Austin Under Fire for Undisclosed Hospitalization

US Defense Secretary Lloyd Austin is facing growing criticism for waiting days to inform the White House and Congress about his hospitalization, keeping key officials in the dark about his status during a major Middle East crisis.

Austin was admitted to Walter Reed National Military Medical Center on January 1 due to complications from an elective medical procedure, but the Pentagon did not make any public announcement until four days later, and also waited to notify other top government figures.

The 70-year-old secretary’s hospitalization comes with Washington struggling to contain the fallout from the Israel-Hamas war, which has sparked violence against American forces in Iraq and Syria as well as attacks on international shipping.

With the Middle East in turmoil, the idea that “for four days the secretary of defense is in a hospital and (President Joe) Biden doesn’t know is shocking,” Ian Bremmer, the president of the Eurasia Group political risk firm, said Monday.

Bremmer said the situation gives the president an opportunity to replace Austin, but the White House has stood by the secretary.

Austin underwent an unspecified medical procedure on December 22 and was discharged the following day, but began experiencing “severe pain” on January 1 and was taken by ambulance to Walter Reed, Pentagon spokesman Major General Pat Ryder told journalists on Monday.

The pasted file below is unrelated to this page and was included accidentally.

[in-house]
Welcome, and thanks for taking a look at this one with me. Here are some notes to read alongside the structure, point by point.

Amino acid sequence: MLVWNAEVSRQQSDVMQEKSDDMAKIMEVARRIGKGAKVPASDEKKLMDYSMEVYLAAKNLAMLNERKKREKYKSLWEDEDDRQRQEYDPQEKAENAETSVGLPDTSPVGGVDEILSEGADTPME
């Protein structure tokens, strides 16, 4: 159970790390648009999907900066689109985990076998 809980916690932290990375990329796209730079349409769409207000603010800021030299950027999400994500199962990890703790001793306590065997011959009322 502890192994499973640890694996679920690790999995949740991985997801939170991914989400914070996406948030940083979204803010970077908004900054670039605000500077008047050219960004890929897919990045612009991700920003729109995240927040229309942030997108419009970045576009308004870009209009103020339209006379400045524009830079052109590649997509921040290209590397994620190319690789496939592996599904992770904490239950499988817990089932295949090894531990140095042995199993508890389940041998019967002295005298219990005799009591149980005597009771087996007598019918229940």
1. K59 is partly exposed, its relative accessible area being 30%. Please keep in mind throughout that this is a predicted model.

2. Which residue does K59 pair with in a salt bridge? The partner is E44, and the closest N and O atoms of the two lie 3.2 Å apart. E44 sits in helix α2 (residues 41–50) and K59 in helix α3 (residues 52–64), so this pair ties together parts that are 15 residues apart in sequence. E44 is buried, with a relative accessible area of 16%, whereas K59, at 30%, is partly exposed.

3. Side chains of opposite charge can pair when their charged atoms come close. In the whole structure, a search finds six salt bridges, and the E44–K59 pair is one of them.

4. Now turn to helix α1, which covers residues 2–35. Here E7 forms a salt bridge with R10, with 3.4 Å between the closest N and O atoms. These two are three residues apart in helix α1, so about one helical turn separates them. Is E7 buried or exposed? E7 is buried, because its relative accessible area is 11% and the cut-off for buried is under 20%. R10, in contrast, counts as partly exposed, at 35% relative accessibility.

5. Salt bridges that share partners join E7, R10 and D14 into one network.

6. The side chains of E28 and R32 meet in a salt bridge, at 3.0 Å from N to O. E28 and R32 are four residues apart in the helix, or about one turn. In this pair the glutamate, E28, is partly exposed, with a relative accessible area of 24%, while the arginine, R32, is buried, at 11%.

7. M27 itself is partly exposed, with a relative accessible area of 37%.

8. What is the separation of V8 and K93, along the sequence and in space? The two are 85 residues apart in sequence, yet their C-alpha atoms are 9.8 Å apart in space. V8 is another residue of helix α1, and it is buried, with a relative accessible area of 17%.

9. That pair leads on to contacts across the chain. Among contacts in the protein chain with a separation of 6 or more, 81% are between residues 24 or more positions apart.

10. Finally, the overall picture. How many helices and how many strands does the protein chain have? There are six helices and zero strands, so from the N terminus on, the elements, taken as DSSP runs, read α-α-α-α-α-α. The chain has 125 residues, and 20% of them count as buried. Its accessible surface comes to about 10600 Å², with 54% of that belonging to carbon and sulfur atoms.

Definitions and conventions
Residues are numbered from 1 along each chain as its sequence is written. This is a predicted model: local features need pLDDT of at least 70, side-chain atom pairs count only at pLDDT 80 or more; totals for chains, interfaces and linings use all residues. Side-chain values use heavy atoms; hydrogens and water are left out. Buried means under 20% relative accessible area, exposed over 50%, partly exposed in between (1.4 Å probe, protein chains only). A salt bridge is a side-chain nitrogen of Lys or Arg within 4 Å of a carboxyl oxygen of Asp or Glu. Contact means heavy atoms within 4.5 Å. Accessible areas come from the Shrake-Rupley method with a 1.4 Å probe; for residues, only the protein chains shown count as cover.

Some of Austin’s authorities were transferred to Deputy Defense Secretary Kathleen Hicks on January 2, but she was not told that he was hospitalized until two days later, Ryder said.

Criticism From Congress

The US National Security Advisor Jake Sullivan was likewise informed on January 4, bringing the White House into the loop, while Congress was not told until the day after that — the same day the Pentagon made a public announcement.

Ryder said Austin’s chief of staff “had been out sick with the flu, which caused a delay in these notifications.”

“We are currently reviewing how we can improve these notification procedures, to include White House and congressional notifications,” he said.

Ryder also said he was informed of Austin’s hospitalization on January 2 but “did not feel that I was at liberty” to disclose information on the secretary’s condition “until we knew more.”

The lack of notification has drawn criticism from Congress, with some Republican lawmakers calling on Austin to go.

“It is shocking and absolutely unacceptable that the Department of Defense waited multiple days to notify the president, the National Security Council, and the American people,” Representative Elise Stefanik said in a statement, calling for Austin’s “immediate resignation.”

Former president Donald Trump also weighed in, saying in a social media post that Austin “should be fired immediately for improper professional conduct and dereliction of duty.”

But the White House has backed him, with Press Secretary Karine Jean-Pierre saying, “The president has complete confidence, continues to have confidence in Secretary Austin.”

Ryder also said Austin — who remains hospitalized but is no longer in intensive care and has resumed his full duties — “has no plans to resign.”

“Nothing is more important to the secretary of defense and the (Defense) Department than the trust and confidence of the American public we serve,” Ryder said, adding that “we will continue to work hard every day to earn and deserve that trust.”

Austin meanwhile said in a statement on Saturday that he took “full responsibility for my decisions about disclosure,” and admitted that he “could have done a better job ensuring the public was appropriately informed.”

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